Former No. 1 Pick Anthony Bennett Is Taking His Talents to Turkey
It's safe to say Bennett is the biggest No. 1 overall bust of at least the last 40 years.
Photo by Tom Szczerbowski-USA TODAY Sports
Though his NBA days appear finished, Anthony Bennett's basketball career is not.
After being released by the New Jersey Nets last Monday—the fourth team to discard him in as many seasons—the former No. 1 overall pick is headed to Turkish club Fenerbahce, according to ESPN, which the team appeared to confirm Friday. Fenerbahce, which rosters former NBAers Jan Vesely, Pero Antic and Ekpe Udoh, is a EuroLeague team that plays out of Turkey's largest city Istanbul.
Through 23 games this season on a last-place Brooklyn team, Bennett averaged 11.5 minutes and 5.0 points while adding 3.4 rebounds per game, among the best numbers of his career. Through 151 NBA games with the Cavaliers, Timberwolves, Raptors, and Nets, the Toronto native averaged 12.6 minutes, 4.4 points and 3.1 rebounds, while shooting 39.2 percent from the field. He didn't suit up for more than 57 games in any of his four NBA campaigns, and has only hit the floor in 42 games total over the past two seasons, while splitting time in the D-League.
Bennett, who was famously packaged with Andrew Wiggins as part of the Cavaliers' trade for Kevin Love, became the first Canadian to be drafted first overall to the NBA in 2013 after one standout season at UNLV. We quickly found out, though, that his calling to the podium by Cleveland on that June day would be the pinnacle of his NBA career. It's not his fault Cleveland reached for him in a weak draft, but rather than carving himself the expected career of a first rounder, Bennett has solidified himself as (most likely) the biggest draft bust in NBA history.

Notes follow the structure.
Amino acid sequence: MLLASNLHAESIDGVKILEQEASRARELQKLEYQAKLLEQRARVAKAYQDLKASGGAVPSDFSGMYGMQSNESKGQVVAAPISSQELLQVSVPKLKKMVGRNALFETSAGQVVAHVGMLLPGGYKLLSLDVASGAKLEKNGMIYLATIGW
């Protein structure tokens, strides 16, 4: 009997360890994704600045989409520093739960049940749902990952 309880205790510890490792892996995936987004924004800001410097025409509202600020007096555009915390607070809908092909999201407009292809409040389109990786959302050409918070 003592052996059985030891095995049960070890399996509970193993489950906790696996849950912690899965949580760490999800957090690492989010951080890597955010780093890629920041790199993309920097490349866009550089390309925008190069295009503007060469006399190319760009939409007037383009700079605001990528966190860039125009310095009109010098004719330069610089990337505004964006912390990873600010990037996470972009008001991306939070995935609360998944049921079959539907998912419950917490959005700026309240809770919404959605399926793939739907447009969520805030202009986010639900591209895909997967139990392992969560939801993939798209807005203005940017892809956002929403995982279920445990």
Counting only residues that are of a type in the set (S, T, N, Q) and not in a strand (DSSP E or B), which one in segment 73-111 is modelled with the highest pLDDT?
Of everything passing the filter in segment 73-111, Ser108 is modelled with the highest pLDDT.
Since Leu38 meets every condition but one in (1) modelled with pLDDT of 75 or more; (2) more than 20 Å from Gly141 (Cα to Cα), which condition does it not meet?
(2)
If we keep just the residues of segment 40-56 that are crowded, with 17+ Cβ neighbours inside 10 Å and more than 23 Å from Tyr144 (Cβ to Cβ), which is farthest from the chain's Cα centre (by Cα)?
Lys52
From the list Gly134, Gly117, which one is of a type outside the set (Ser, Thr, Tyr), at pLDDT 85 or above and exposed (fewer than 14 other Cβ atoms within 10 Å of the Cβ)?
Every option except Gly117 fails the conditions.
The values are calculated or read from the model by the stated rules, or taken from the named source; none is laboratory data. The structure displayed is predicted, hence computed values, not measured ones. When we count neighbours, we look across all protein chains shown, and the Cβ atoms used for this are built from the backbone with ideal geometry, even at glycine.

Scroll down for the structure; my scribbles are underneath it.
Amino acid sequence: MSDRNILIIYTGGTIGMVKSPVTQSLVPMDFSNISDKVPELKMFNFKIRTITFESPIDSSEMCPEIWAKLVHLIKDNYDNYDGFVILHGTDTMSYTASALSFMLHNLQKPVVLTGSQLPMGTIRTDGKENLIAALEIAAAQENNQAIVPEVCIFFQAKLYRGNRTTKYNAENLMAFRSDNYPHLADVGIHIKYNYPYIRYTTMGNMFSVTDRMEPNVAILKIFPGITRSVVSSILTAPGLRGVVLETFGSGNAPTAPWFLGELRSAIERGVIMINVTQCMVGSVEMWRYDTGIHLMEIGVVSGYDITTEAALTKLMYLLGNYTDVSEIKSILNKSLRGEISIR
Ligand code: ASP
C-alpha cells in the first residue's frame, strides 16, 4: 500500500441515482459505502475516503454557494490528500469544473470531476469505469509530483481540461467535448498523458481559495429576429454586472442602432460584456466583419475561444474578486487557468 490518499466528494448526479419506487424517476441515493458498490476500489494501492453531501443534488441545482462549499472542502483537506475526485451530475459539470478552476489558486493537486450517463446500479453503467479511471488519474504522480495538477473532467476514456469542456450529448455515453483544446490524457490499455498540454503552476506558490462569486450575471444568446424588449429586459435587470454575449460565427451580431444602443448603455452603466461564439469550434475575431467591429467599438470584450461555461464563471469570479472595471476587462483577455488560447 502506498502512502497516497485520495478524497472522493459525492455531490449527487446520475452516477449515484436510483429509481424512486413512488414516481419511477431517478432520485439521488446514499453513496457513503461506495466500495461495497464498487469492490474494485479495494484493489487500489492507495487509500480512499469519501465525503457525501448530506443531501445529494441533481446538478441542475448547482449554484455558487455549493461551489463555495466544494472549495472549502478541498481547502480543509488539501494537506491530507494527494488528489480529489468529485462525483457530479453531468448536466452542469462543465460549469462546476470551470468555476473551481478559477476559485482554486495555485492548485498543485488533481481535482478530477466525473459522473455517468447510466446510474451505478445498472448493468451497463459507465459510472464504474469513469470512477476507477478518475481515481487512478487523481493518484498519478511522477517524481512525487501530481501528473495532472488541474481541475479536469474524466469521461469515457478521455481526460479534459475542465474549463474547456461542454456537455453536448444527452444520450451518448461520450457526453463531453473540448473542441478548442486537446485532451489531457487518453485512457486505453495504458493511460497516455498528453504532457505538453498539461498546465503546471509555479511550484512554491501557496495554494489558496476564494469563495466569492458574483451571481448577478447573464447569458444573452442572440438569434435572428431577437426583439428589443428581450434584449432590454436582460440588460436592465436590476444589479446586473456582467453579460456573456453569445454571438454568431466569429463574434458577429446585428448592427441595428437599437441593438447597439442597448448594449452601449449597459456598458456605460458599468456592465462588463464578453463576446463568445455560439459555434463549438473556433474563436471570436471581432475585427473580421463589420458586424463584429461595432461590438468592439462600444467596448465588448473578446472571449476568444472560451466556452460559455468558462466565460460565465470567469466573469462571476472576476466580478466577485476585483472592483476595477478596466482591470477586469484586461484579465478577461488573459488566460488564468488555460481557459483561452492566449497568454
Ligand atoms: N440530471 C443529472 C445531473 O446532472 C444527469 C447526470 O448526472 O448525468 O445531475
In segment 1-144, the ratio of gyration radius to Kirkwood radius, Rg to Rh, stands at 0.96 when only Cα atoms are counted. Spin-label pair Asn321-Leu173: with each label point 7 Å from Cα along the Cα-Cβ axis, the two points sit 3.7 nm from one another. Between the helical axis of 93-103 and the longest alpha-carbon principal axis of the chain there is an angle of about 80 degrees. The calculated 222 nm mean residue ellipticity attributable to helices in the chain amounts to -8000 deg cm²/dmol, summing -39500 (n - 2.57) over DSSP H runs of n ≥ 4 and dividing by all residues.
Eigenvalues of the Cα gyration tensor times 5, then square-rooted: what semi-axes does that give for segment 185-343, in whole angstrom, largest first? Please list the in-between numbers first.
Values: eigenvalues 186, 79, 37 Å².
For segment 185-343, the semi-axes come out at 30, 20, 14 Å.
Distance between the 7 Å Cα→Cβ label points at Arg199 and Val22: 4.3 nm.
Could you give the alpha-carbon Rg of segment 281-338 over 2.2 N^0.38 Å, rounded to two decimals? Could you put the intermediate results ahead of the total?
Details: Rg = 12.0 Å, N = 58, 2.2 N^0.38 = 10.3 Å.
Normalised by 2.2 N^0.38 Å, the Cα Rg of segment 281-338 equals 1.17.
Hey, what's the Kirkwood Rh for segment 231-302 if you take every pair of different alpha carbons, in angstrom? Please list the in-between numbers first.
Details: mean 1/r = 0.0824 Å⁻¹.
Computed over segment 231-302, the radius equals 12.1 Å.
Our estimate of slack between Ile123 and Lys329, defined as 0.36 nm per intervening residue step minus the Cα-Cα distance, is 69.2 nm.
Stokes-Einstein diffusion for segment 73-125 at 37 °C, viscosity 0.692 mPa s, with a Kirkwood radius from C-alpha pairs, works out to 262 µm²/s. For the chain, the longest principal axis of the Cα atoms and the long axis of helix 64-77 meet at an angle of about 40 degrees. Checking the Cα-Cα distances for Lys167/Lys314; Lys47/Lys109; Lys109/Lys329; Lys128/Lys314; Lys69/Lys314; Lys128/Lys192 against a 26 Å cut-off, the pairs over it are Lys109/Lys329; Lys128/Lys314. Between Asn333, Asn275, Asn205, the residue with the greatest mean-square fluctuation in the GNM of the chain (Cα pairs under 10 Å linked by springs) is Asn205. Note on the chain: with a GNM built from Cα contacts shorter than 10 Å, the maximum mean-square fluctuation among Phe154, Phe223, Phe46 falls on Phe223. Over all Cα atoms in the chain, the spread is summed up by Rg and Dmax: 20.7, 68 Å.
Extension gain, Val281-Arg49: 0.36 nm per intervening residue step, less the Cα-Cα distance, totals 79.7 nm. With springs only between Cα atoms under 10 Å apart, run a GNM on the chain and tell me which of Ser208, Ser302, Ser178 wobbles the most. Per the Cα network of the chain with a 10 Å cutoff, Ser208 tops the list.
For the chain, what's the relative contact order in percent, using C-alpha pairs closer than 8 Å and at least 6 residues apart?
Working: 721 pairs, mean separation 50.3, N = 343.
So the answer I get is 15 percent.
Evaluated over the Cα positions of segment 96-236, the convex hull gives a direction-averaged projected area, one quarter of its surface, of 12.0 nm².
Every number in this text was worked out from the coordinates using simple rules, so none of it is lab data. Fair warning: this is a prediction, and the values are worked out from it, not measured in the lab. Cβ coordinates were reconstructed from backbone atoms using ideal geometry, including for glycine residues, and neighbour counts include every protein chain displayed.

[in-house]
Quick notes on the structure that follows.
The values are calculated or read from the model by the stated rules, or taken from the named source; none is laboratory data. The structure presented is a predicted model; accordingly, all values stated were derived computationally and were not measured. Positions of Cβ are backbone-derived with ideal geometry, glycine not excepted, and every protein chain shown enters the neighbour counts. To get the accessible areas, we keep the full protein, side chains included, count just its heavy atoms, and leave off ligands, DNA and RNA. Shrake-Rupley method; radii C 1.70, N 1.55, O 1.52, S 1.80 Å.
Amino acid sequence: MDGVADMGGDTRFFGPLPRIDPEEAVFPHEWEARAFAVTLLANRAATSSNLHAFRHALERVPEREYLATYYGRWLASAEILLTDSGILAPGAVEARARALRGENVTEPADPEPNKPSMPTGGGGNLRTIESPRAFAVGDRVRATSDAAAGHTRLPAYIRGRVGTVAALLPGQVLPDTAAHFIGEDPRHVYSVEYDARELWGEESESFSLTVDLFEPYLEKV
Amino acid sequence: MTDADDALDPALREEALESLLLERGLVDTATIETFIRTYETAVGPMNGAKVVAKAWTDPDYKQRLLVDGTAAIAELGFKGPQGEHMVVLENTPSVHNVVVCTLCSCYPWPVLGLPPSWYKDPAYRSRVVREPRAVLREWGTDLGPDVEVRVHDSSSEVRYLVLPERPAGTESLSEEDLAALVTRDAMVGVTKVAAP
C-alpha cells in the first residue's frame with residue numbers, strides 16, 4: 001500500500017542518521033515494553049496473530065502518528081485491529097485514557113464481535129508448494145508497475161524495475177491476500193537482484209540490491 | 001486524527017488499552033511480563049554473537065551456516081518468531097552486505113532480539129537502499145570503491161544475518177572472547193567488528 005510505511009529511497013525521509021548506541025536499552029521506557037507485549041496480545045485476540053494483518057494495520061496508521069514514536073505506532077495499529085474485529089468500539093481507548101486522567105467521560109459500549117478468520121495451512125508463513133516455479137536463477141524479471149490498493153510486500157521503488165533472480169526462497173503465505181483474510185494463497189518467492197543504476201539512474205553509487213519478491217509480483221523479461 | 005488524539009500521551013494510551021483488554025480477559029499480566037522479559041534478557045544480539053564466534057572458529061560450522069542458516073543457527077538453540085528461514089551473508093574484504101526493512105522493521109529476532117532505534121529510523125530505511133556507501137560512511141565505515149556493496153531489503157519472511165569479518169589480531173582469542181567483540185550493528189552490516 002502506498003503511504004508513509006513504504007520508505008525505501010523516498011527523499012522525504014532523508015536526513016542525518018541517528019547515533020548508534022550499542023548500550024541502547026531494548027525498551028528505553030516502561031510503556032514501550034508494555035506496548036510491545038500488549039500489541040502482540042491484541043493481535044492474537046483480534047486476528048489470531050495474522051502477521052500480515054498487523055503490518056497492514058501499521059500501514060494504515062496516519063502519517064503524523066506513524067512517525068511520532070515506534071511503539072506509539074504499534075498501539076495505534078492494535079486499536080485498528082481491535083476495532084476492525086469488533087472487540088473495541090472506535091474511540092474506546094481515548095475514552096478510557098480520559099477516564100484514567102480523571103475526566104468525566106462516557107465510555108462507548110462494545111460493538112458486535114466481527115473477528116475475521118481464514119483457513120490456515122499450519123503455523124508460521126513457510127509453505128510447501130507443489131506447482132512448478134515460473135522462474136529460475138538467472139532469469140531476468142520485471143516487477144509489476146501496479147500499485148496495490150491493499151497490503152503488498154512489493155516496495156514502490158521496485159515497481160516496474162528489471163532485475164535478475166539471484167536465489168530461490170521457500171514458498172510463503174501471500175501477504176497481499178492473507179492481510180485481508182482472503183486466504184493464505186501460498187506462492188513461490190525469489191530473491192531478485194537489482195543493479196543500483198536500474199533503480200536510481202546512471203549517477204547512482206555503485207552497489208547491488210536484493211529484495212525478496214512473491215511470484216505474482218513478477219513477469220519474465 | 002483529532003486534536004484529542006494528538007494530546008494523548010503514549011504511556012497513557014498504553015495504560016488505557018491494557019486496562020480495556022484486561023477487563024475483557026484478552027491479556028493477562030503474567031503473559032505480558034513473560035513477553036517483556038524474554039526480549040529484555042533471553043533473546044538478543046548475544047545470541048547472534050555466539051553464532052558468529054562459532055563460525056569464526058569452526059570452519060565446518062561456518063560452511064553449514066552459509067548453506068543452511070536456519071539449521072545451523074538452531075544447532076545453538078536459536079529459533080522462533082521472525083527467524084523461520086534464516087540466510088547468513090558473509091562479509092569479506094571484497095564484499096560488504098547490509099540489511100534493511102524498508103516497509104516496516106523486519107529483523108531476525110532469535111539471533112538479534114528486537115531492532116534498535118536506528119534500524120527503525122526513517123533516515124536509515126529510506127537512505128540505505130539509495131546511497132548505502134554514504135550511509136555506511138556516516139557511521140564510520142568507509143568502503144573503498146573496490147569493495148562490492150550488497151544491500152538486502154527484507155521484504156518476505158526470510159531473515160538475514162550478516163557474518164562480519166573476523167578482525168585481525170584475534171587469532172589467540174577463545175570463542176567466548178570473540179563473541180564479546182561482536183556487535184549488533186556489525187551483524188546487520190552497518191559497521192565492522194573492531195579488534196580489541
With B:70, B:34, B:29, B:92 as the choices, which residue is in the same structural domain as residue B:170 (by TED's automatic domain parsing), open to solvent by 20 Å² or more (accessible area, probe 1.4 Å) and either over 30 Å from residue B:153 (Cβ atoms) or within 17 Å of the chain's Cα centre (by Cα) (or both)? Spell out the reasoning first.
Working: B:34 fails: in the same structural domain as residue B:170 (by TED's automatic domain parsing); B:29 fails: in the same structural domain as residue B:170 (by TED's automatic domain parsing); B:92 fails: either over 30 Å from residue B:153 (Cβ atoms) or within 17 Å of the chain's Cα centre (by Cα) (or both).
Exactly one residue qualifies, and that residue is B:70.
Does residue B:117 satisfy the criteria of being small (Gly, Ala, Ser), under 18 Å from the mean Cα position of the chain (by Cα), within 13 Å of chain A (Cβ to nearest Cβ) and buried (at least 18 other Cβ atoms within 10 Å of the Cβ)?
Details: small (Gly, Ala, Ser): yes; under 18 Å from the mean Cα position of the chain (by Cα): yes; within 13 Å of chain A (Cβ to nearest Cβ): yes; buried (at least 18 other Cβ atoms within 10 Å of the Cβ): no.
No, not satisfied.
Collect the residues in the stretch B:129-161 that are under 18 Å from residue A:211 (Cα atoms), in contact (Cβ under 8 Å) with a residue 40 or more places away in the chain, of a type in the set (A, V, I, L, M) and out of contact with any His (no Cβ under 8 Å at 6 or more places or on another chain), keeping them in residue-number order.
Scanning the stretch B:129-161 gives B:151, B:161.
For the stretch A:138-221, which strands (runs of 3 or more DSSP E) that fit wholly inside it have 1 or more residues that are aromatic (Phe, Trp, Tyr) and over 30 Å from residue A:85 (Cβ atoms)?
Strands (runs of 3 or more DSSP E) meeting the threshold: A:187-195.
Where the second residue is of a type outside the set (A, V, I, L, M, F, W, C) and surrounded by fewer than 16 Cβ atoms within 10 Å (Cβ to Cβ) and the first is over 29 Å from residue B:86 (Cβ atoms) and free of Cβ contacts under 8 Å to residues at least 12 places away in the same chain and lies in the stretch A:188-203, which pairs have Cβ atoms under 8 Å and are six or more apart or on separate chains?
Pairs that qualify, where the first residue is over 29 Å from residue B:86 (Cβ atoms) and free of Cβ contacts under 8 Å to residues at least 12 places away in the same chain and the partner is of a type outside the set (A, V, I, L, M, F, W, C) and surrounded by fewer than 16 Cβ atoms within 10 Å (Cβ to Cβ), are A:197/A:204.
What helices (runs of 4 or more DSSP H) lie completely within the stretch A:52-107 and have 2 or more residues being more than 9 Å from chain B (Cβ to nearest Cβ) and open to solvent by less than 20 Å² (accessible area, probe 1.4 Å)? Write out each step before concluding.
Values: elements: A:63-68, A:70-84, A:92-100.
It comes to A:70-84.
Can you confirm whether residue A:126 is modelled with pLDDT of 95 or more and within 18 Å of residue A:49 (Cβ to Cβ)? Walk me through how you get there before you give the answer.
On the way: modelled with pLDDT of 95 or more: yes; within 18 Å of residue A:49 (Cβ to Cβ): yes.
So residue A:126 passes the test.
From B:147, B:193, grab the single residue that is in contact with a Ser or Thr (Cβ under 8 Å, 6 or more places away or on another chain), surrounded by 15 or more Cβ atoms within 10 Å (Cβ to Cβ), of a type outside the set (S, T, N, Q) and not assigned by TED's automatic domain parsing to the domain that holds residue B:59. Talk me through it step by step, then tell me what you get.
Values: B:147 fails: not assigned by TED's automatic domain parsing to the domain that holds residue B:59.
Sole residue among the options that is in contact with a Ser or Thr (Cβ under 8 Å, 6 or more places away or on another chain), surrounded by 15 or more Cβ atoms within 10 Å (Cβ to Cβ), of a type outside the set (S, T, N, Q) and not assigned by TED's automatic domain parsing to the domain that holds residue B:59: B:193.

He's not the only recent disappointment to be selected No. 1 overall, but for how brief his (at least first) stint in the NBA was coupled with his level of production, Bennett is in a class of his own.
Recent No. 1 flops like Greg Oden and Andrea Bargnani at least offered some level of production. Oden had two solid injury-plagued seasons before injuries cost him three straight years and effectively ended his career. While taking Oden over Kevin Durant in hindsight was a disaster, the big man posted a 23.1 PER in his second season with the Trailblazers, while limited to 21 games.
Bargnani, on the other hand, lasted 10 seasons, and averaged 14.3 points for his career, including a career-high 21.4 during the 2010-11 campaign.
Even Michael Olowokandi, taken first in a 1998 draft that saw Vince Carter, Paul Pierce and Dirk Nowitzki all go in the top 10, lasted nine seasons, and offered more on the court than Bennett.
Everyone's former favourite punching bag Kwame Brown, meanwhile, played for 12 seasons, and while he left a lot to be desired, he certainly grades better than Bennett when it comes to all-time No. 1 overall busts.
If you go through the history of the No. 1 pick, you'll see that most players turned in productive, if not All-Star and Hall of Fame careers. We can safely say that Bennett, sadly, is the biggest bust of the last 40 years to be taken first overall.
At just 23, perhaps Bennett can carve out a career in the EuroLeague and work his way back to North America down the road. At the very least, he'll make money overseas and should continue getting opportunities with the Canadian national team, where he's been a key contributor in the past, including the 2015 Pan Am Games when he helped lead the team to a silver medal.
Bennett will carry the bust tag with him anywhere he goes, but he should be proud of being a part of a huge movement for Canadian hoops. He was the first Canadian to be taken No. 1 overall, and a year later fellow countrymate Wiggins followed him with the top pick. A few years later, 11 Canadians entered this season on NBA rosters—the most of any country outside of the United States.